0 – 48 hours, can be up to days later
Acute (definitive care)
▪ day 3 until wounds heal
Begins during resuscitation and continues throughout lifespan
Emergent Phase (Resuscitative Phase)
Lasts from onset to 5 or more days but usually lasts 24-48 hours
Begins with fluid loss and edema formation and continues until fluid motorization and diuresis begins
Greatest initial threat is hypovolemic shock to a major burn patient
Emergent Phase – Initial Management/Care
MAKE SURE YOU ARE SAFE !!!
Remove patient from area! Stop the burn!
Airway- check for patency, soot around nares, or signed nasal hair. 100% O2 via NRM @ 15L. Watch for early upper airway edema >intubate is in doubt.
Breathing - check for adequacy of ventilation, consider need for early intubation or early escharotomy if ventilation is impaired
Emergent Phase –Initial Management/Care
Circulation- check for presence and regularity of pulses, consider early escharotomy if circulation to a limb is impaired
Disability- AVPU, altered mental status in burn patient is not normal >think carbon monoxide poisoning. Check pupils. Check for movement in all extremities.
Expose- Remove clothing and jewelry. Do not pull on clothing stuck to skin > Cut away clothing or soak it off. Cover with dry sterile sheet and tuck in sides.
Emergent Phase –Initial Management/Care
Fluid Resuscitation- estimate TBSA burn percentage and weight then calculate fluids for first 24 hour period using Parkland formula
Foley catheter- to monitor urine output
Secondary survey starting with a good scene and patient history then head to toe exam
Pain Management- early and often based on patient’s hemodynamic status and pain scale
Psychosocial issues- consider need for religious intervention, legal consult for family affairs, etc for patients with life-threatening burns
Secondary Survey History
How did the burn occur? Did the burn occur outside or inside? Did the clothes catch on fire? How long did it take to extinguish the flames? How were the flames extinguished? Was gasoline or another fuel involved? Was there an explosion? Was there a building/house fire? Was the patient found in a smoke-filled room? How did the patient escape? If the patient jumped out a window, from what floor? Were others killed at the scene? Was there a motor vehicle crash? How badly was the vehicle damaged? Was there a motor vehicle fire? Are there other injuries? Are the purported circumstances of the injury consistent with the burn characteristics?
Secondary Survey History
What was the agent? How did the exposure occur? What was the duration of contact? What decontamination occurred? Was there an explosion?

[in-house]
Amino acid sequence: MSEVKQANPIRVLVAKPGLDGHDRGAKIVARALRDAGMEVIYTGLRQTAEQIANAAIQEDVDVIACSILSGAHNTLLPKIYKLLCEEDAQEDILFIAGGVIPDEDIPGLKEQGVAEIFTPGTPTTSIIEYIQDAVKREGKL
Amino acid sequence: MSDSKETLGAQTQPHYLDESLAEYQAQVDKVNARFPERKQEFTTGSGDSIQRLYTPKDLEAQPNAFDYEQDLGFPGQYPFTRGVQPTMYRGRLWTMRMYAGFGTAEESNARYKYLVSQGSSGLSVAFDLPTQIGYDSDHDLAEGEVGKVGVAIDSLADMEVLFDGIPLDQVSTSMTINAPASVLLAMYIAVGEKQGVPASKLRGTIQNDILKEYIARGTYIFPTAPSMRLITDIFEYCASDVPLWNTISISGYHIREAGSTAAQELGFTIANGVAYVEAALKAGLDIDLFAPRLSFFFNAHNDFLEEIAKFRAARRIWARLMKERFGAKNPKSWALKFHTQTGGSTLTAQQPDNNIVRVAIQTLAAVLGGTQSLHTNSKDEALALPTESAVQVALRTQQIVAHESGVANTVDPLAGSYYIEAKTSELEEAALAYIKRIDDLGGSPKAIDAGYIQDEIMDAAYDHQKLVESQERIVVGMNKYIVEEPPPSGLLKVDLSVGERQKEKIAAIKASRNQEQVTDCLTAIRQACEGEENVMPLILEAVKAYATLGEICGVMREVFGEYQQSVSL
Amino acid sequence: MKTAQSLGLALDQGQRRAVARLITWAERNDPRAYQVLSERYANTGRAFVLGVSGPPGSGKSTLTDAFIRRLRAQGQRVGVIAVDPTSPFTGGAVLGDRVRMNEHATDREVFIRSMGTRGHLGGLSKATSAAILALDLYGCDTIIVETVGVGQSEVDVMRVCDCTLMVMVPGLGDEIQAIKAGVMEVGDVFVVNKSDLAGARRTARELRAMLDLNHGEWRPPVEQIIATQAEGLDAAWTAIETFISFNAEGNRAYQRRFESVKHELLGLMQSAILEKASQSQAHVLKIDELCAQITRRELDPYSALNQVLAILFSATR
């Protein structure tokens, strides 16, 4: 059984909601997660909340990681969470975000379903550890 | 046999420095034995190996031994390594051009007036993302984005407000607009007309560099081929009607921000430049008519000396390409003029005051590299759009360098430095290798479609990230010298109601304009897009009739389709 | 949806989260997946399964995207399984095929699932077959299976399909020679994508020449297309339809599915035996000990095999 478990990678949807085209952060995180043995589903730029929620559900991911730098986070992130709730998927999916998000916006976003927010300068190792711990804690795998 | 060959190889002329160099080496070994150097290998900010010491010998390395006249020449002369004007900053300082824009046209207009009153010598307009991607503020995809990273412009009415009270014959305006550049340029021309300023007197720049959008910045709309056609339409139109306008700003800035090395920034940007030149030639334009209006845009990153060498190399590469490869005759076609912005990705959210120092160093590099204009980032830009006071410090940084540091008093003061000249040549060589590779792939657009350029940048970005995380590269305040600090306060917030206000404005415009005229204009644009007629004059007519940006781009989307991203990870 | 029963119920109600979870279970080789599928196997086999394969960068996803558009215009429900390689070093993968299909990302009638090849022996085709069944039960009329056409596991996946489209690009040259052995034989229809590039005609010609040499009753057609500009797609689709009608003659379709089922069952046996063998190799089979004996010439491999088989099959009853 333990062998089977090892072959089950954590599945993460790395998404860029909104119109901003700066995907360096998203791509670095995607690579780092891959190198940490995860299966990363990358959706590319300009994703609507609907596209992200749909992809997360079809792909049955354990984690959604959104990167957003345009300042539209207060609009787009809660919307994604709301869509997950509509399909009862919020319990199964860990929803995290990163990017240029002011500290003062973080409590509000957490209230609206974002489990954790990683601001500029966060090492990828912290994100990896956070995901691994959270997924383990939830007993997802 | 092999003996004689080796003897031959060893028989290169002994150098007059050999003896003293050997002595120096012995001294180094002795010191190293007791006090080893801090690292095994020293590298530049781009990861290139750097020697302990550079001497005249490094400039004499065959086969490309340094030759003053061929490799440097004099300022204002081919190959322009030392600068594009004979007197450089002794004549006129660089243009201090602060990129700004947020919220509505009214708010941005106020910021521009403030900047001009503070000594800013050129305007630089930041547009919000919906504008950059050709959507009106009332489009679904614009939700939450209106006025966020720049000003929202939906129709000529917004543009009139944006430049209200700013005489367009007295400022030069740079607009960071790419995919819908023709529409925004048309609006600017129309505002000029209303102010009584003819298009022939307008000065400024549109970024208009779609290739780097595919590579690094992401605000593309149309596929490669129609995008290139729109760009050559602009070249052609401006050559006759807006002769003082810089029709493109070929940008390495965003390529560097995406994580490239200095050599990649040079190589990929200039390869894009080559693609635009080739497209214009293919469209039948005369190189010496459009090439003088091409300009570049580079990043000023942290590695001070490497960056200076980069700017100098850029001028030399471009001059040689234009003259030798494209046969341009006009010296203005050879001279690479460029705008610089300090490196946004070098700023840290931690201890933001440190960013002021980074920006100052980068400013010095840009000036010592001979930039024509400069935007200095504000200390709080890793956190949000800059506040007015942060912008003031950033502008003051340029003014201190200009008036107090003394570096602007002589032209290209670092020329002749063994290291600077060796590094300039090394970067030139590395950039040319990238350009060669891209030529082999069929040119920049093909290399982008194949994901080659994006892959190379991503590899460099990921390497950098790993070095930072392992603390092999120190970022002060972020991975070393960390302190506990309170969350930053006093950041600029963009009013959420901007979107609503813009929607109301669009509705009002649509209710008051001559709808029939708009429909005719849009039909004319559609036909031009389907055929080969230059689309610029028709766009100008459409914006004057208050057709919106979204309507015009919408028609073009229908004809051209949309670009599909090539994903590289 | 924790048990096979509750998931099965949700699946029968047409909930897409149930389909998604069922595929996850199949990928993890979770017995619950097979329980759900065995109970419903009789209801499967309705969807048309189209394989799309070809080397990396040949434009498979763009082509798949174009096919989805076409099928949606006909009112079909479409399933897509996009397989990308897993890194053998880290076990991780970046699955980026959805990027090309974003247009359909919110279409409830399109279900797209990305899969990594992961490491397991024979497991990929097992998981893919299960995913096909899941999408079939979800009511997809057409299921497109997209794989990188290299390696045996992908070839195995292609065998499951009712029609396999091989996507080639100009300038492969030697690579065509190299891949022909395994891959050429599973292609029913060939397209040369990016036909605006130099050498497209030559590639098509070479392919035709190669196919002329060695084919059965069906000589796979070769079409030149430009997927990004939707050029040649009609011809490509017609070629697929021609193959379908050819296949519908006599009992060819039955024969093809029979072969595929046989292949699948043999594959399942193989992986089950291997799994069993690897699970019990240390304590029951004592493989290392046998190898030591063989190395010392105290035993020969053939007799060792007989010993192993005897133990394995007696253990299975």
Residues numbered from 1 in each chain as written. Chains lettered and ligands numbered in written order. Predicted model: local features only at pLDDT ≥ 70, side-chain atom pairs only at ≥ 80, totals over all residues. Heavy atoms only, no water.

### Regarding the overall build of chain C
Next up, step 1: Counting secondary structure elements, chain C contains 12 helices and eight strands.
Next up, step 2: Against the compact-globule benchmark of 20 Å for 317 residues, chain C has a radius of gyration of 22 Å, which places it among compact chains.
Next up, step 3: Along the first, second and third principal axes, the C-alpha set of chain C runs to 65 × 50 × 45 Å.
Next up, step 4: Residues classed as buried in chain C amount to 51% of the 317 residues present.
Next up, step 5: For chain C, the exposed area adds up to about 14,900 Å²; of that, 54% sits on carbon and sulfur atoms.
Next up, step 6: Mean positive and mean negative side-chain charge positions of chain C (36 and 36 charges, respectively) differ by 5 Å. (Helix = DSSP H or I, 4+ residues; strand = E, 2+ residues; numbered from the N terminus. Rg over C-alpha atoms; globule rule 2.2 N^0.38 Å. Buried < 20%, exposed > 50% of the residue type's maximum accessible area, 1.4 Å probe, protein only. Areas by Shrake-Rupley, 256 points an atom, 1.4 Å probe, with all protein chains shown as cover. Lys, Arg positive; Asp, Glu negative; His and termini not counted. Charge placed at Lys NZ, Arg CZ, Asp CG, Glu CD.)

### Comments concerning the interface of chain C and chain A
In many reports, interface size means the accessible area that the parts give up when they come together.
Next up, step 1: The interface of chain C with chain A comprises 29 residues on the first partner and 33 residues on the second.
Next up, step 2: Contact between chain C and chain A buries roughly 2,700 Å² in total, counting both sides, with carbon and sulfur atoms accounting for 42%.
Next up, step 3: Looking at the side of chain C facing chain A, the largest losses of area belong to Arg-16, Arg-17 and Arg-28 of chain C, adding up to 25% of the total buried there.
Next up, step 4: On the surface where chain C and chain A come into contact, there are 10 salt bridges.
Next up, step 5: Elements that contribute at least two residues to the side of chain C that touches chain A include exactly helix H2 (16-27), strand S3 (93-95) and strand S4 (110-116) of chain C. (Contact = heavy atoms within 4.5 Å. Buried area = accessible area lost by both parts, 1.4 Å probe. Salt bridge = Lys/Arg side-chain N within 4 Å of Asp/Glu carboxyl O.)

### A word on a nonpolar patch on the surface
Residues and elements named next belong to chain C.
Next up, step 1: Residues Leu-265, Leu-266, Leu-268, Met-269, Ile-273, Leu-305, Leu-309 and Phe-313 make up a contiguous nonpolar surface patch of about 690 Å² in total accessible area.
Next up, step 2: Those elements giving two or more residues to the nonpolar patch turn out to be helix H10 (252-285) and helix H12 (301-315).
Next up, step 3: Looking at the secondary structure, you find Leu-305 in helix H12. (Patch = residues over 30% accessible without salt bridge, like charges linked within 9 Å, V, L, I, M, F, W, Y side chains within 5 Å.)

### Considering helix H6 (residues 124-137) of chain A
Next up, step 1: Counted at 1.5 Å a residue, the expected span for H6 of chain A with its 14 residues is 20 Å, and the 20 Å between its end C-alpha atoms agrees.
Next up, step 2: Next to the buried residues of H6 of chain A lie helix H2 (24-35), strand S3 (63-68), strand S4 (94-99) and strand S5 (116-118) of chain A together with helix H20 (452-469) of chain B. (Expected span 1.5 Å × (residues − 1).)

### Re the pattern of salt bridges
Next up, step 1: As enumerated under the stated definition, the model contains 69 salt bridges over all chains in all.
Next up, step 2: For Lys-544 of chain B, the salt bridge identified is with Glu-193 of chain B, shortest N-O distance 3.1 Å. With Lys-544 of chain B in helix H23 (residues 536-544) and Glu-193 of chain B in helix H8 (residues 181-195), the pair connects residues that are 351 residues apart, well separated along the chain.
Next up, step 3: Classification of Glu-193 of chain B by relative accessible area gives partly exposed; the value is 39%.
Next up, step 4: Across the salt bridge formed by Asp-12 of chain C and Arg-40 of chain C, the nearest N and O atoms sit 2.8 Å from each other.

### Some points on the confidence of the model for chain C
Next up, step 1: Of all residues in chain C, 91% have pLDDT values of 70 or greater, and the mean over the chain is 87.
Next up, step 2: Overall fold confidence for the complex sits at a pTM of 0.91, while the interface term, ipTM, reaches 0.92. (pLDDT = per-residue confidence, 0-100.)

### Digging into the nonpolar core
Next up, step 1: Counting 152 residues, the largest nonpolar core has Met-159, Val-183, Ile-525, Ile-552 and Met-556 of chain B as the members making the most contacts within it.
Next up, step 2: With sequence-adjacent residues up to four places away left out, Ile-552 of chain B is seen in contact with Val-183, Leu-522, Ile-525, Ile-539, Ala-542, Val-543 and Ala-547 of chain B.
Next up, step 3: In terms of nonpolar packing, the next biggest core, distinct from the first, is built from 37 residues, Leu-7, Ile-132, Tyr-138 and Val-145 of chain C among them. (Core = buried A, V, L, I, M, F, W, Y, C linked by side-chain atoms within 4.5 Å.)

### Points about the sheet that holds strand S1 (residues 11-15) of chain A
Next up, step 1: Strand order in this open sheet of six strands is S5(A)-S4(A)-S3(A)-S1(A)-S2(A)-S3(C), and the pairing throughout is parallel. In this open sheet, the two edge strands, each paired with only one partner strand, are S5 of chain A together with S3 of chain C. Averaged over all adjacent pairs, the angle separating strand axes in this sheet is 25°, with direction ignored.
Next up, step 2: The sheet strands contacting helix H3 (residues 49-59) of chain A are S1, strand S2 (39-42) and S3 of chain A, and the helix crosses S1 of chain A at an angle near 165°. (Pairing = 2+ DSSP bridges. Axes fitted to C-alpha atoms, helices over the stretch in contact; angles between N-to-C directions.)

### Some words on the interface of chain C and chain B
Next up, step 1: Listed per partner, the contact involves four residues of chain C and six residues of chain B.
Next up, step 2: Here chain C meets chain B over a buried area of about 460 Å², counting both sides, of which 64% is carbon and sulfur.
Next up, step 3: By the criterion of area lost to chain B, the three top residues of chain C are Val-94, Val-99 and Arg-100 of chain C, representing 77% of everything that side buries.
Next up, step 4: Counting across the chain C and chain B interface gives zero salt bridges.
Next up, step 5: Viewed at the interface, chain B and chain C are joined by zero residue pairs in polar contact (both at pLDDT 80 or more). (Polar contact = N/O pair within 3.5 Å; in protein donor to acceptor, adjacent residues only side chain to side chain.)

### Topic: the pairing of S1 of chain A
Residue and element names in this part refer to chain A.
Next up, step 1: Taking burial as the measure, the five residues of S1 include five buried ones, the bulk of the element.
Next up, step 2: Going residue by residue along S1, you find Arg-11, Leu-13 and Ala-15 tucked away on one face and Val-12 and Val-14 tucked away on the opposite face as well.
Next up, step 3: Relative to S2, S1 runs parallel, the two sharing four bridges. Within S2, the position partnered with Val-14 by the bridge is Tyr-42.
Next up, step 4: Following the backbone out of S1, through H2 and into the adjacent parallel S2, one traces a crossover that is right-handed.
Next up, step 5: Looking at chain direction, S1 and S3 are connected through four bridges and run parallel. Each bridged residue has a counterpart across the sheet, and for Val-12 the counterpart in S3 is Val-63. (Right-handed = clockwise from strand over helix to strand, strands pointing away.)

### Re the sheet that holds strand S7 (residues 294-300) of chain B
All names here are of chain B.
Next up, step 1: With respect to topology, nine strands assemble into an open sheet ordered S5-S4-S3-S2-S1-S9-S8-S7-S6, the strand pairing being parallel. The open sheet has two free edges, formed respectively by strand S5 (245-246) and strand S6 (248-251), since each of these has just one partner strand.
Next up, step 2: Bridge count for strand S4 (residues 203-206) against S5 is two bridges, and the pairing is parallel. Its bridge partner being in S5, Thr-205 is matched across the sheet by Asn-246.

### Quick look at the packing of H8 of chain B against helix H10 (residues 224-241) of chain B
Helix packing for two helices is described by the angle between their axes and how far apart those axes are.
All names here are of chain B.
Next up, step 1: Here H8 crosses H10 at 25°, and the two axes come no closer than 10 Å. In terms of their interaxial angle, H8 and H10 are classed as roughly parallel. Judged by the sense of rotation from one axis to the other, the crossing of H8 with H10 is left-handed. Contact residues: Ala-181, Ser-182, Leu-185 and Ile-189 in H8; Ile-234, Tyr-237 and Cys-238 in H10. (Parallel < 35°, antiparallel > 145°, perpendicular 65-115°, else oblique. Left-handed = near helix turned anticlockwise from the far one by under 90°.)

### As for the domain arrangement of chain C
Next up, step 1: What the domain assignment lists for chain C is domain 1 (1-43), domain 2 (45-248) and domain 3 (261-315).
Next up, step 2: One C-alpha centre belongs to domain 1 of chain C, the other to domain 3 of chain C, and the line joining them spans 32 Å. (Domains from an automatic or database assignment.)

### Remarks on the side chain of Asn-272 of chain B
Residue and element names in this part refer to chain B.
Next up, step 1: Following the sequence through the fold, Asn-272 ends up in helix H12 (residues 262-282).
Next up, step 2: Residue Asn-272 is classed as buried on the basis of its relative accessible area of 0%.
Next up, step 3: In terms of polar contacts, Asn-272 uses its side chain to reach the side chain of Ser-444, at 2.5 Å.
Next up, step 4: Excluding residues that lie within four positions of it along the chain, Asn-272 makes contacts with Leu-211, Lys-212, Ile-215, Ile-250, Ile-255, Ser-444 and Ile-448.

Secondary Survey History
What kind of electricity was involved? What was the duration of contact? Did the patient fall? What was the estimated voltage? Was there loss of consciousness? Was cardiopulmonary resuscitation administered at the scene?
Specific burn –Treatment notes Care for Thermal Burn
For <10% TBSA burn-apply moist cool sterile dressings to small burn
For larger-cover area with dry sterile dressings or sheet
Specific burn –Treatment notes Care for Chemical Burn (1 of 2)
Remove the chemical from the patient.
If it is a powder chemical, brush off first.
Remove all contaminated clothing.
Care for Chemical Burn (2 of 2)
Flush burned area with large amounts of water for 30 minutes or more.
Transport quickly .
Chemical Burn- Eyes
Occur whenever a toxic substance contacts the body
Eyes are particularly vulnerable.
Fumes can cause burns.
To prevent exposure, wear appropriate gloves and eye protection.
Chemical Burn- Eyes
For chemicals, flush eye with saline solution or clean water.
You may have to force eye open to get enough irrigation to eye.
With an alkali or strong acid burn, irrigate eye for about 20 minutes.
Bandage eye with dry dressing.
Irrigating the Eye
Specific burn –Treatment notes Care for Electrical Burn
Fluids -Ringers Lactate or other fluids to flush kidneys if myoglobinuria is present
Assess for bone fractures and treat appropriately if found
Complications during emergent phase of burn injury may occur in 3 major organ systems
Arrhythmias, hypovolemic shock which may lead to irreversible shock
Circulation to limbs can be impaired by circumferential burns and then the edema formation
Causes: occluded blood supply thus causing ischemia, necrosis, and eventually gangrene
Escharotomies (incisions through eschar) done to restore circulation to compromised extremities
Vulnerable to 2 types of injury